Arkansas Legislators Want To Make Corporate Whistleblowing Illegal

from the ag-gag-but-for-everybody dept

Another “ag gag” law is in the works in Arkansas. These bills are brought under the pretense of safety — both for the person supposedly breaking them, as well as for the employees of the entity “trespassed” upon. The unspoken aim of these laws is to prevent whistleblowing, and they often spring into existence after someone has exposed horrible practices at local businesses — in most cases, the mistreatment of animals. The other consequence of most of these laws — unintended or not — is to deter employees from speaking up about questionable business practices, as there often is no exception carved out for employees of the companies protected by these laws.

Kaleigh Rogers of Vice reports another ag gag bill has passed the Arkansas state House and is on its way to a Senate vote. And once again, the bill’s wording would deter whistleblowing and make journalistic efforts a civil violation.

Arkansas senators are considering a bill that would allow private businesses to sue whistleblowers that expose abuse or wrongdoing. The bill has already passed the house, but not without receiving plenty of dissent from Republican lawmakers, free speech proponents, and animal rights groups.

The law would make it legal for businesses to sue anybody who goes onto a business’s private property and, among other acts, “records images or sound occurring within an employer’s commercial property and uses the recording in a manner that damages the employer.” This include undercover investigators, but also employees: unless an employee is just doing his or her job, any recordings or information that exposes wrongdoing could be grounds for a lawsuit.

In between all the wording [PDF] that would be expected in a normal trespassing law (unauthorized access, theft, damage to property) are clauses that make exposing wrongdoing grounds for a lawsuit. This section makes the law’s deterrent to whistleblowing explicit.

Records images or sound occurring within an employer’s commercial property and uses the recording in a manner that damages the employer.

That’s combined with an earlier phrase that applies the law to employees, not just muckraking interlopers.

An act that exceeds a person’s authority to enter a nonpublic area of commercial property includes an employee who knowingly enters a nonpublic area of commercial property for a reason other than a bona fide intent of seeking or holding employment or doing business with the employer and without authorization…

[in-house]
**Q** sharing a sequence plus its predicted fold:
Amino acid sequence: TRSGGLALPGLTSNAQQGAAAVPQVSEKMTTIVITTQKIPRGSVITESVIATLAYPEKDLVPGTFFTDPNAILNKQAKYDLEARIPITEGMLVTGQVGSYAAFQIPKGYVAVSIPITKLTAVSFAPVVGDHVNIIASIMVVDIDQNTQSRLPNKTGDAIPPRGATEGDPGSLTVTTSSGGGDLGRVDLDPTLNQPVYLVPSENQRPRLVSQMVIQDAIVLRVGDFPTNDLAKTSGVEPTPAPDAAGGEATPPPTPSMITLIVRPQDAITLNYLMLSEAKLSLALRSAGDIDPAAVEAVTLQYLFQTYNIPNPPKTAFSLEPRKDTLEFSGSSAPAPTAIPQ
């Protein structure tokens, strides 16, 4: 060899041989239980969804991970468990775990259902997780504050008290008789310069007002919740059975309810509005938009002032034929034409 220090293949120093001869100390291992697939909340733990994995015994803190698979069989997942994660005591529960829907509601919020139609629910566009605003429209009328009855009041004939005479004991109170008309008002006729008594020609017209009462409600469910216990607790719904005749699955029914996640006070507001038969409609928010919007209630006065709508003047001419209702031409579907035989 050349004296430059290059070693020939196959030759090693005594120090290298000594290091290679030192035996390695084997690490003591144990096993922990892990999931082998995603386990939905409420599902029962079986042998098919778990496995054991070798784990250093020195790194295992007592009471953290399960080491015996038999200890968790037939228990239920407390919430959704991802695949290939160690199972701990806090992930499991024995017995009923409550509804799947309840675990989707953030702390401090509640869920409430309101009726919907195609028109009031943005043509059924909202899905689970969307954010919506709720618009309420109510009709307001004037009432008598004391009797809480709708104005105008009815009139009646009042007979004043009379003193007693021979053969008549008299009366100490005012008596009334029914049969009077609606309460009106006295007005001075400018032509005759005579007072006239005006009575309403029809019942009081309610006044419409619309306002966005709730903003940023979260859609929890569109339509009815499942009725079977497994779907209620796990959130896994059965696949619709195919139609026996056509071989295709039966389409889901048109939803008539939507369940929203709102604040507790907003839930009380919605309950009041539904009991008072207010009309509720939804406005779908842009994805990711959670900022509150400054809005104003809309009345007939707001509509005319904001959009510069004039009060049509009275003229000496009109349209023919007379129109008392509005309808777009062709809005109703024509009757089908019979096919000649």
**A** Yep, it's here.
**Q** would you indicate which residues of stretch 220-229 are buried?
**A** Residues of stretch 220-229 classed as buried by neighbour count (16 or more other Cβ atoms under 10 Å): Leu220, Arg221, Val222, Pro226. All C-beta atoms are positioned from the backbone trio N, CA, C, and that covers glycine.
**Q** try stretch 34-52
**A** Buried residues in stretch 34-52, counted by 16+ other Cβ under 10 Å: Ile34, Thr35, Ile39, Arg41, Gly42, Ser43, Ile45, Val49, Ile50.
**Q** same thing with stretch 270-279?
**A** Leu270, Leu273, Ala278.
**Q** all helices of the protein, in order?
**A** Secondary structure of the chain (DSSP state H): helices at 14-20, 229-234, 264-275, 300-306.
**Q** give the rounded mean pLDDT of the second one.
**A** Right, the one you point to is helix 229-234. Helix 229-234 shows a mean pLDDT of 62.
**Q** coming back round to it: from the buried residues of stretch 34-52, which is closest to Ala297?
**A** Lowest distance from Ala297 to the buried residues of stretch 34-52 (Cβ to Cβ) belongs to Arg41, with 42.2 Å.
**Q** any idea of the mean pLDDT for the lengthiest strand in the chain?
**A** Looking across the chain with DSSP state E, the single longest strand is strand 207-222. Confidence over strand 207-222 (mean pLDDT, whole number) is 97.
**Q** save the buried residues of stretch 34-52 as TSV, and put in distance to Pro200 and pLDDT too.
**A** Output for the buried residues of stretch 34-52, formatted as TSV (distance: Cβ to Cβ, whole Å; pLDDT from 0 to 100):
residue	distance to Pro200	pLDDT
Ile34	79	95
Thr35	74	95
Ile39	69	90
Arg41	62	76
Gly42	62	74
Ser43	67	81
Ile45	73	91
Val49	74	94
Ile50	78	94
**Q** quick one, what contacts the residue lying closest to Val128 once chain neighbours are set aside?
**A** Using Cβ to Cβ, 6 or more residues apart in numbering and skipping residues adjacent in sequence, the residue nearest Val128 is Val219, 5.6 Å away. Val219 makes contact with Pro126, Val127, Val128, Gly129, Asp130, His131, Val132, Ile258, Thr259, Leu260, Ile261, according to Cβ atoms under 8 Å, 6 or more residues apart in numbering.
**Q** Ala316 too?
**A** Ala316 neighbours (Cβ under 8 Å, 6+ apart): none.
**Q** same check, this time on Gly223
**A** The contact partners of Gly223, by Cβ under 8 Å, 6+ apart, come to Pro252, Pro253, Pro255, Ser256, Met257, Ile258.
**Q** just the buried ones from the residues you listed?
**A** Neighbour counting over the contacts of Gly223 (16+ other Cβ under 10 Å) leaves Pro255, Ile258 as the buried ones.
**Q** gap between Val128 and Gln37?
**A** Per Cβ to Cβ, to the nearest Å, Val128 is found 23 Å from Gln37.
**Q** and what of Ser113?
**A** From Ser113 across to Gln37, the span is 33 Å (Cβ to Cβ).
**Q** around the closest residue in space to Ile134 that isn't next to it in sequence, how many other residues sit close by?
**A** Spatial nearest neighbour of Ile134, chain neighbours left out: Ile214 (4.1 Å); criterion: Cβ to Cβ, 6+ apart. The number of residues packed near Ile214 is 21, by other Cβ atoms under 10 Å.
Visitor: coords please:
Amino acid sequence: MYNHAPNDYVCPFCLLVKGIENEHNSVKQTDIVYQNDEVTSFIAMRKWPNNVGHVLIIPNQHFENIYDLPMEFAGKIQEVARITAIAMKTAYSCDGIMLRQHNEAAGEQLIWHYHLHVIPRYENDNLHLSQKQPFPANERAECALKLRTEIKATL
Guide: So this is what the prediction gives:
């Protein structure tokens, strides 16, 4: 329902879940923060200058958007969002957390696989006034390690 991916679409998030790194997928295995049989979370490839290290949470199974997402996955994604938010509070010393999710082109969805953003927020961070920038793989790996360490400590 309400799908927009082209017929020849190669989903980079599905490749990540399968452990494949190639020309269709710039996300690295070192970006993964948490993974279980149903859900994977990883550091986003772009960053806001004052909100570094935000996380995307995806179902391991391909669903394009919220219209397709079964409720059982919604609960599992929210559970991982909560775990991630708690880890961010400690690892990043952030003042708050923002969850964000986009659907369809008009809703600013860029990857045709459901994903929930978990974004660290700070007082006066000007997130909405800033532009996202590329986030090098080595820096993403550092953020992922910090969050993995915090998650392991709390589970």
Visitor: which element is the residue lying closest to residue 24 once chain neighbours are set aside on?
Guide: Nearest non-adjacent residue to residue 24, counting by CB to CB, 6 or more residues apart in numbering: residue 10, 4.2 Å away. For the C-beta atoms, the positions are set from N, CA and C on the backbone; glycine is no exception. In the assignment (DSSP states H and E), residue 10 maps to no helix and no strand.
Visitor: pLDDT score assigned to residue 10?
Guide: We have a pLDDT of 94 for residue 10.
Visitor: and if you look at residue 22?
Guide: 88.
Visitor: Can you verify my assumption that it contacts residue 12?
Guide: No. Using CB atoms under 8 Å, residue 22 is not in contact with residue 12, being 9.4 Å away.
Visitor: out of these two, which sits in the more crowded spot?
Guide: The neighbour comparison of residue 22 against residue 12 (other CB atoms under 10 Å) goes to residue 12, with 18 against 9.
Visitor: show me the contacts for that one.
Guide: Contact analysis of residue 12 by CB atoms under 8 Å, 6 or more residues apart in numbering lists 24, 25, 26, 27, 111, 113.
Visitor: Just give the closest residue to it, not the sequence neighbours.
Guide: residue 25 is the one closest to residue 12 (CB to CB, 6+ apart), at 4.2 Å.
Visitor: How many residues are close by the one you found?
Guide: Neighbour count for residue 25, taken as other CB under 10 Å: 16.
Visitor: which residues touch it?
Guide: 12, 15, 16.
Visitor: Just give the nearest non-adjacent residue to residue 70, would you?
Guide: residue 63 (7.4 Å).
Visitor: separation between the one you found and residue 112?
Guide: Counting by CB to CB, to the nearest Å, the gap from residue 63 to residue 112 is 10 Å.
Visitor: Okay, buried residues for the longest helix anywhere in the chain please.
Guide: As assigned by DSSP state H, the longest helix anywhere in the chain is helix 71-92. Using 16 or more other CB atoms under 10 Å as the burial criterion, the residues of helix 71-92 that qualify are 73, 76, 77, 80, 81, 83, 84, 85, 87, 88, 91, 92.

Excepted from the law are all sorts of government agencies, which are apparently welcome to damage places of employment at will. In addition to damages and fees assessed as the result of a civil action, the state has the option to hit violators (which includes anyone who “directs or assists” the whistleblower/journalist) with $5,000/per day in fines.

The representatives pushing this bill are pretending it’s about safety.

Representative Aaron Pilkington (R), who voted in favor of the bill, said the language is intended to prevent people from trespassing and potentially putting themselves in danger.

“It’s just about going into places you’re not allowed to be in,” Pilkington told me. “If you work in a daycare center and there are problems going on, you have every right to whistleblow on that. But if you hear there’s a daycare three towns over where something’s going on and you’re sneaking in there with a video camera, that’s not right.”

That’s a really weird — and really dangerous — assertion to make. Violations should be unseen and unheard, apparently… unless they happen to occur at your place of employment. And even then, the wording of the bill contradicts the protections Pilkington alludes to. The bill specifically forbids employees from entering areas not directly-related to their job description and making any sort of recording that “damages” their employer. Whistleblowing always results in some sort of “damage,” even if that damage is purely reputational and can be repaired by swift corrective action.

The only reason to pass a bill like this (rather than use existing trespassing laws to punish unauthorized entry) is to deter reporting and whistleblowing. It serves no purpose otherwise. Supporters of the bill know this, though they’ll never publicly acknowledge this fact. If it passes, it should expect an immediate constitutional challenge. The bill does too much damage to accountability and protected speech to survive a second read by the courts.

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Comments on “Arkansas Legislators Want To Make Corporate Whistleblowing Illegal”

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Ninja (profile) says:

Re: Talking Points

No seriously, the guy is a moron. If there’s child abuse of any kind in there and all the employees are participating IT’S FREAKING RIGHT IF ANYBODY PUT A GODDAMN CAMERA AND MAKE THEM PAY.

It’s not like you are putting images without consent of normal activity. It’s proof of criminal activity and it should stand in court and the ones behind the recording should be fully protected.

Anonymous Coward says:

I feel like so many state legislatures need constitutional law professors to walk around the congressional floors dressed up like the Constitution and just smack down all the unconstitutional bills they propose. It would be a lot faster than wasting time passing unconstitutional laws and then wasting taxpayer money defending them against lawsuits that ultimately kill the laws. But I guess corporate donors don’t give you as much money if you fail to get their bills off the floor.

That Anonymous Coward (profile) says:

So this means that these representatives are introducing a strict policy providing oversight of their corporate citizens, to make sure that they won’t put profits over public safety right?